Existing literature on Agile seems to suggest that a team is self-organized when
- The team is cross-functional and is self-contained (has all the roles required to perform the team’s activities)
- The Pigs (team members who do the actual work) estimate and commit to work, rather than the Project Manager or lead developer.
- Team members pick the task they want to work on from the story board without, someone having to assign them a task.
- The team is able to take decisions themselves and accordingly adapt to changing situations. Decision making process is distributed amongst the team members instead of one central decision making authority.
- Team self-organizes based on its strengths and weaknesses instead of job titles to do the work at hand. If the testers are overwhelmed, developers may have to help testers
- Team members communicate more often and spread knowledge around much better and make decisions together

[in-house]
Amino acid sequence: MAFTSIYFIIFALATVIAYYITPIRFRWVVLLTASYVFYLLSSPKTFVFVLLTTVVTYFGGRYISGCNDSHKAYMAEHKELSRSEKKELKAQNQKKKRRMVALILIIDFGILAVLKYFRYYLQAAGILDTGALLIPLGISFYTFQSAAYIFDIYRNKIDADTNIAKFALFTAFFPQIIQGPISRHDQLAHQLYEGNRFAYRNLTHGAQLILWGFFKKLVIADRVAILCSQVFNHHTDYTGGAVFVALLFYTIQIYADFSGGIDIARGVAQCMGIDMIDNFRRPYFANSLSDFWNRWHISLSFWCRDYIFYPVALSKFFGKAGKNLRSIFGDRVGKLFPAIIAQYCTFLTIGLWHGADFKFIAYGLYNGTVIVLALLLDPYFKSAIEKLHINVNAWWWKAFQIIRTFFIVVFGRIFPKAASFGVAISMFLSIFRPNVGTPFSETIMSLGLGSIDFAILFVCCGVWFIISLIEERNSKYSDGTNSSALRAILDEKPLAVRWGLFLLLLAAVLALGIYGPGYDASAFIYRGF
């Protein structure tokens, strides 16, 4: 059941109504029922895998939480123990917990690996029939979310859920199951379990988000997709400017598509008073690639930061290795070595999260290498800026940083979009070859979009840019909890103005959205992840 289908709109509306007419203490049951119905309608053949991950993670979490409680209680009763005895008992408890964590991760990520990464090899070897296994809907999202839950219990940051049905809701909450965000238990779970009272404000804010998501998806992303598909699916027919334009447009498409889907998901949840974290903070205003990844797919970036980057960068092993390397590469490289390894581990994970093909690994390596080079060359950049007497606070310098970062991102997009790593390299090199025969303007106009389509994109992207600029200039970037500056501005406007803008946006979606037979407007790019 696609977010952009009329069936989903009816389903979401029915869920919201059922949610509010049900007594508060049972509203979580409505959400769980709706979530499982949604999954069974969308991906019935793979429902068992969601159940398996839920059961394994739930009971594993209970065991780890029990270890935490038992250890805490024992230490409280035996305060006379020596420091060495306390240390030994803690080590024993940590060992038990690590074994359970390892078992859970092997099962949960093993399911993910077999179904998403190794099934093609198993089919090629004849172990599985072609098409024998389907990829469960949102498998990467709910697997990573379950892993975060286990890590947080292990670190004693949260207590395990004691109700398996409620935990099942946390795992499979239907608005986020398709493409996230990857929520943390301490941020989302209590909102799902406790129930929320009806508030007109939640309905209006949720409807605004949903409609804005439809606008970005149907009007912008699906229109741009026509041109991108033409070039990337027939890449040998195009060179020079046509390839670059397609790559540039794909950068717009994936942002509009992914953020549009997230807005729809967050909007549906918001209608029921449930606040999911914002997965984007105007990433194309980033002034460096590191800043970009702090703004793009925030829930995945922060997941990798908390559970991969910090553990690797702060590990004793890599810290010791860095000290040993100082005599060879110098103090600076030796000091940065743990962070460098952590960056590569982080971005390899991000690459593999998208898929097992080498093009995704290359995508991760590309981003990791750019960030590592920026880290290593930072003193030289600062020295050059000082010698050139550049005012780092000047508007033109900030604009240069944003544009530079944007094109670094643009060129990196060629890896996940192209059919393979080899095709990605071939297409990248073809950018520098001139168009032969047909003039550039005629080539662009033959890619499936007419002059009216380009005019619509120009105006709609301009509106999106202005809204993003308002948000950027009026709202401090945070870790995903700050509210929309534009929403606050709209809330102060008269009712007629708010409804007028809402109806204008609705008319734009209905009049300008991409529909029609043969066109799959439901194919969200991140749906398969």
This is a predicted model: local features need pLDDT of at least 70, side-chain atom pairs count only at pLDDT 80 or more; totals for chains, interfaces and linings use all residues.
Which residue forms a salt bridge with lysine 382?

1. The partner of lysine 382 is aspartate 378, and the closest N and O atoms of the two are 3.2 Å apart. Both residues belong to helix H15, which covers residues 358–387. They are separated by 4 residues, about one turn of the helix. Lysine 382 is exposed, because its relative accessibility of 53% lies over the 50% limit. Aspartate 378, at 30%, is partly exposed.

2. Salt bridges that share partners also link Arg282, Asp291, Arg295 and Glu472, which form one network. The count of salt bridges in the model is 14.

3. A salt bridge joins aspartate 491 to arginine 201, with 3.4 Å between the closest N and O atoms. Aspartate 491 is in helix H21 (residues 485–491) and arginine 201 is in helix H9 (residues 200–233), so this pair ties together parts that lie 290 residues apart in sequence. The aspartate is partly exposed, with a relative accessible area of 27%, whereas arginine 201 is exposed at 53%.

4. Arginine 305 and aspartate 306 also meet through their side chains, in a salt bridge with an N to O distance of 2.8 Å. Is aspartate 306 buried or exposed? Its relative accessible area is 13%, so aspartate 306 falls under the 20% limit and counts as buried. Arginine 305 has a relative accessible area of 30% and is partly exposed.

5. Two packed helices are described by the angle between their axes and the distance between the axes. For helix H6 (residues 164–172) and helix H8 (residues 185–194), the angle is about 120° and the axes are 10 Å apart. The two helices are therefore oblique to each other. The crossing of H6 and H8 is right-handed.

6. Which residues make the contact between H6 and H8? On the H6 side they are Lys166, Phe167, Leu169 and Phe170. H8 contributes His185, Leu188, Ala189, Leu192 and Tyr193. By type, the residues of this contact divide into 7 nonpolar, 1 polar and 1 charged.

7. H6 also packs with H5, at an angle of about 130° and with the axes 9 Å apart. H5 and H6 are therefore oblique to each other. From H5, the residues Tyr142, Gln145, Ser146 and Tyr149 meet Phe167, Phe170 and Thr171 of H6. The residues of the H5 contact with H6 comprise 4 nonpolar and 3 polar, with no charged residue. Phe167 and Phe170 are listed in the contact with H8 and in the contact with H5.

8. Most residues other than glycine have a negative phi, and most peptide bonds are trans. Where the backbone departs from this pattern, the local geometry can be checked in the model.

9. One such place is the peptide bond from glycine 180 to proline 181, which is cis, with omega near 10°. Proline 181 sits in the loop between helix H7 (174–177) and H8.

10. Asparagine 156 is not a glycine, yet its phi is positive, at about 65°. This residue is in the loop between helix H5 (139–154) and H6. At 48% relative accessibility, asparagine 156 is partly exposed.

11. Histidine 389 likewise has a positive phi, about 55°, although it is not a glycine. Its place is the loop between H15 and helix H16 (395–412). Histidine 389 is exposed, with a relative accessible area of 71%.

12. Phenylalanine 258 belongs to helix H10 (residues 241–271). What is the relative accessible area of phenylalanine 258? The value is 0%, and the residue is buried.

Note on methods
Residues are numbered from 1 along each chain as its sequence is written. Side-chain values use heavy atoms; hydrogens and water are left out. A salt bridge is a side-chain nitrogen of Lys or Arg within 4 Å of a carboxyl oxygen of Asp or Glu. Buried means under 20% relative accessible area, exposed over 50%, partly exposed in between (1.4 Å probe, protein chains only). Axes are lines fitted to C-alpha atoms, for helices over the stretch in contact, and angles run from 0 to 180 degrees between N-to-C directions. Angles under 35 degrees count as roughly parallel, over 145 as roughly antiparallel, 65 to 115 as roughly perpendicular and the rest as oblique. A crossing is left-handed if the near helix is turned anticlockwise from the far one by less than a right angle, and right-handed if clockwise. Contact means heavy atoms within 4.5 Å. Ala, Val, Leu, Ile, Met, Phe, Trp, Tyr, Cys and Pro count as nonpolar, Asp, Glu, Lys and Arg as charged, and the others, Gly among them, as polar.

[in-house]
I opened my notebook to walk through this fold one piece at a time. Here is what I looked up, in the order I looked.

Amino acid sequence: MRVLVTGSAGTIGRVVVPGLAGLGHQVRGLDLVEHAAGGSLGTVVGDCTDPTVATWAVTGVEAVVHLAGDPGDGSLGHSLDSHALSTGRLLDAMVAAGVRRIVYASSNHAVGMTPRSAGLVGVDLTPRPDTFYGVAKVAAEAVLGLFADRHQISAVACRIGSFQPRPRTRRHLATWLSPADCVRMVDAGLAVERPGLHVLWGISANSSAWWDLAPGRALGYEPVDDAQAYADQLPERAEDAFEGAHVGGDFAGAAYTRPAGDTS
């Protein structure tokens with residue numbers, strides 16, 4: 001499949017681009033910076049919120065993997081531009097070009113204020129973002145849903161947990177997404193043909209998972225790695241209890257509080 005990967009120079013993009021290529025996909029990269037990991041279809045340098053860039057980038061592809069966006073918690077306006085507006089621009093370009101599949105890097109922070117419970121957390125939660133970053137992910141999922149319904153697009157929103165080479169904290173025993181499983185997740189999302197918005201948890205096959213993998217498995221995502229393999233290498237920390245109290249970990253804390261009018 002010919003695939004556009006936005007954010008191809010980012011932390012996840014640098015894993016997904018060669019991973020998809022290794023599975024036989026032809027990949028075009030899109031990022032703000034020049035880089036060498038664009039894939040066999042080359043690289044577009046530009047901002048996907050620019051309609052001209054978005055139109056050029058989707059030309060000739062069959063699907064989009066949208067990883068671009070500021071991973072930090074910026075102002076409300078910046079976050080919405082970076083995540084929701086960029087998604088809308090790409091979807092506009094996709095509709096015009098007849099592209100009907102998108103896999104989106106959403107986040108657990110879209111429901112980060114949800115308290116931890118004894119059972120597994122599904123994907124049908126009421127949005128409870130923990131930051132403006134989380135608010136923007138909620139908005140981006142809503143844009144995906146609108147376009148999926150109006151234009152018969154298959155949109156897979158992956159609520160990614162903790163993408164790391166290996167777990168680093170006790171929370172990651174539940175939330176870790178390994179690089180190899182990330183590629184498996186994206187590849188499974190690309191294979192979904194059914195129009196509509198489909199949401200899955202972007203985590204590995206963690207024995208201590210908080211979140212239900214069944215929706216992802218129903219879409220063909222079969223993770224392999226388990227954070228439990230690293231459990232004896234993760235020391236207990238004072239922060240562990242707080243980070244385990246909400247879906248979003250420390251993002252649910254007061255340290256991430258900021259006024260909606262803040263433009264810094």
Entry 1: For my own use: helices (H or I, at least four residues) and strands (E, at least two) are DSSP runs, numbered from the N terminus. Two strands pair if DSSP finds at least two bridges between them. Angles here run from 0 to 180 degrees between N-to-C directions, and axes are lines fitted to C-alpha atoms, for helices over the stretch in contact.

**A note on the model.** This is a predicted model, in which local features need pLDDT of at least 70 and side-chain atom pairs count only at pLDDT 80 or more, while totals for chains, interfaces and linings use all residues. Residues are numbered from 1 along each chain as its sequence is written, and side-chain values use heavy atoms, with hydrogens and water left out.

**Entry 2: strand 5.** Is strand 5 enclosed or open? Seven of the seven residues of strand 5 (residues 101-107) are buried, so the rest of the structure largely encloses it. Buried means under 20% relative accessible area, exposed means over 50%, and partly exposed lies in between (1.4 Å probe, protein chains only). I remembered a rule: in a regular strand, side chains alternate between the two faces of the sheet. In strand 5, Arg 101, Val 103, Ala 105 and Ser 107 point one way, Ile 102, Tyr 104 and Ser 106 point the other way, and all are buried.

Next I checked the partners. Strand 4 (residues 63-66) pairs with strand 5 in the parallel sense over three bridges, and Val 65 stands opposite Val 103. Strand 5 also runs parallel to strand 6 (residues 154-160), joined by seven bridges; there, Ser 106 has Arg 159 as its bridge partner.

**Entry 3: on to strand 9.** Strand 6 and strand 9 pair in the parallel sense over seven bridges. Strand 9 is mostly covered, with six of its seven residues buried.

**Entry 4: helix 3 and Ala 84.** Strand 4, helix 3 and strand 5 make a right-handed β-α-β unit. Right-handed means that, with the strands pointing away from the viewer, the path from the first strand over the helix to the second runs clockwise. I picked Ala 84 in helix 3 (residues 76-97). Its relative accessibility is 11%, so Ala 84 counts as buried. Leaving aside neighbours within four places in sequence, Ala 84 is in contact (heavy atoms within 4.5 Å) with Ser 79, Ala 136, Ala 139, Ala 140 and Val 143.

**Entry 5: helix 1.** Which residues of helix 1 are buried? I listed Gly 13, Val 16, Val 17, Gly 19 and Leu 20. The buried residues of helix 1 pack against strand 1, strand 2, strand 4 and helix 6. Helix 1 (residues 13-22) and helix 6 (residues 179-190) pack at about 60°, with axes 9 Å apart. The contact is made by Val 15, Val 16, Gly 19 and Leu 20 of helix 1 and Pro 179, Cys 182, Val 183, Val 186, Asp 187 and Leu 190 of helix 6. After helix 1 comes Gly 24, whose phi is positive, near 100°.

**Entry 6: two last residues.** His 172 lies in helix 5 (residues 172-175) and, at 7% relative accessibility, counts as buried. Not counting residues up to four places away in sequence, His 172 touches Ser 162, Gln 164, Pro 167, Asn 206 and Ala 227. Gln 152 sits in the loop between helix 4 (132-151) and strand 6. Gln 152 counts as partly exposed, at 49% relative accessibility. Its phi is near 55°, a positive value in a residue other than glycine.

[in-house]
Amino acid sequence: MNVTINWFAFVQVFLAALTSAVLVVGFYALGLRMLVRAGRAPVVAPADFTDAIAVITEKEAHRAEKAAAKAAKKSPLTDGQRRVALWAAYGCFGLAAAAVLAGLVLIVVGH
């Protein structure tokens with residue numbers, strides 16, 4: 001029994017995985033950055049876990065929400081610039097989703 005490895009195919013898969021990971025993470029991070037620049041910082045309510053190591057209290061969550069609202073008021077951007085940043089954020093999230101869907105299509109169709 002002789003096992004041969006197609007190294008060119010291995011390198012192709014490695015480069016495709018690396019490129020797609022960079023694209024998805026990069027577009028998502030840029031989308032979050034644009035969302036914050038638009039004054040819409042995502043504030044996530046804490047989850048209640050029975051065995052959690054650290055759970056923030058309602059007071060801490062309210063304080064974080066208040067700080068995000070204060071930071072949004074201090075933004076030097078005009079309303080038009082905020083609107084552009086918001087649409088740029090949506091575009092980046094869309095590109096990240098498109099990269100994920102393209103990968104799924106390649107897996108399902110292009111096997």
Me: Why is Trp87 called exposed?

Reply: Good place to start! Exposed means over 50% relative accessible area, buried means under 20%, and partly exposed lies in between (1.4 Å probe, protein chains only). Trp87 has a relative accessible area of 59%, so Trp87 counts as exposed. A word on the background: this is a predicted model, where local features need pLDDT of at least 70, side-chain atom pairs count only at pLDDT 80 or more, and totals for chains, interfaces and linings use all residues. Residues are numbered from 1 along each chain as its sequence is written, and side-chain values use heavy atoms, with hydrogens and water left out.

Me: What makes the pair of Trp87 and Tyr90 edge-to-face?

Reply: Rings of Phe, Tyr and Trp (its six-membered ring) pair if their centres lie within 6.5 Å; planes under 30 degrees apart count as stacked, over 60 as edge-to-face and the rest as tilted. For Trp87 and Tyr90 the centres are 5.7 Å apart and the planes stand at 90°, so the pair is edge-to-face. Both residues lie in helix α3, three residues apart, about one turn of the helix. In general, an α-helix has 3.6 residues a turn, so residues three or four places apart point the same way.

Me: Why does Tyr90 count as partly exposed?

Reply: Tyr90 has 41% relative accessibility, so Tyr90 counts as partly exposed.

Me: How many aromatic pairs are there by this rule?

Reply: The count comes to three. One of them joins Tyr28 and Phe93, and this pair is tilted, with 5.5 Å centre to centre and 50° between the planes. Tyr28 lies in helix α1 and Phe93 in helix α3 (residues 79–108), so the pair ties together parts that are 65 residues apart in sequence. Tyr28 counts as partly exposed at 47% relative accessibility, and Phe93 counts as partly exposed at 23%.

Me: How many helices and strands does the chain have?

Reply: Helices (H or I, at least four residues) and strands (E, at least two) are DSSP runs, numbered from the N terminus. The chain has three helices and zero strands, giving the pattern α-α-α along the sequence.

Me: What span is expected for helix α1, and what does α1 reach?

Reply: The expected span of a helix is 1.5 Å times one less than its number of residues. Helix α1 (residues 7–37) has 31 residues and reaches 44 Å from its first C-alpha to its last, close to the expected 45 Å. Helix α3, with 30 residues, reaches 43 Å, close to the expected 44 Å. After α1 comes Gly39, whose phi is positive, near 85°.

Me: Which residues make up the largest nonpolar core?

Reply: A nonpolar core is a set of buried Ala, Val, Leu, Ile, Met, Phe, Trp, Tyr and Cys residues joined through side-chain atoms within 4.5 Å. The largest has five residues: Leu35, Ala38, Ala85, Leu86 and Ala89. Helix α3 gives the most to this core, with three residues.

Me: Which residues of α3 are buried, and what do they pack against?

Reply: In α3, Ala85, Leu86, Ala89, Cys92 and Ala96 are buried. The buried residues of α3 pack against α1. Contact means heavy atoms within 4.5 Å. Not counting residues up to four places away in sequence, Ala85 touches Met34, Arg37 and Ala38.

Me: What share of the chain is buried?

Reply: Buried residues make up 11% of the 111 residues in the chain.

And so on….
While I truly believe in the importance of self-organization and how the above list ensures that teams are self-organized. I see a lot of teams struggle being truly self-organized and reap its benefits. Agile methods like Scrum and XP have been around for over a decade and they have many practices to help team self-organize. Still teams find it difficult.
What is missing? Why cannot teams easily self-organize?
- Some people suggest that you really need a mature team for this to work.
- Some people suggest “Self-organization rarely happens on its own” and hence teams need a good coach or Scrum Master to ensure they can actually self-organize.
Based on my personal experience, there is a key ingredient missing. If you want your team to self-organize give them the ownership. Without having a sense of collective ownership on the project or product, it is very difficult to achieve self-organization.When each member of your team feels like they own the product, there is a big shift in attitude. They collaborate more tightly and try different things to make it work.
Rights and Responsibilities go hand-in-hand. While you want the team to be responsible, you also have to give them rights (ownership).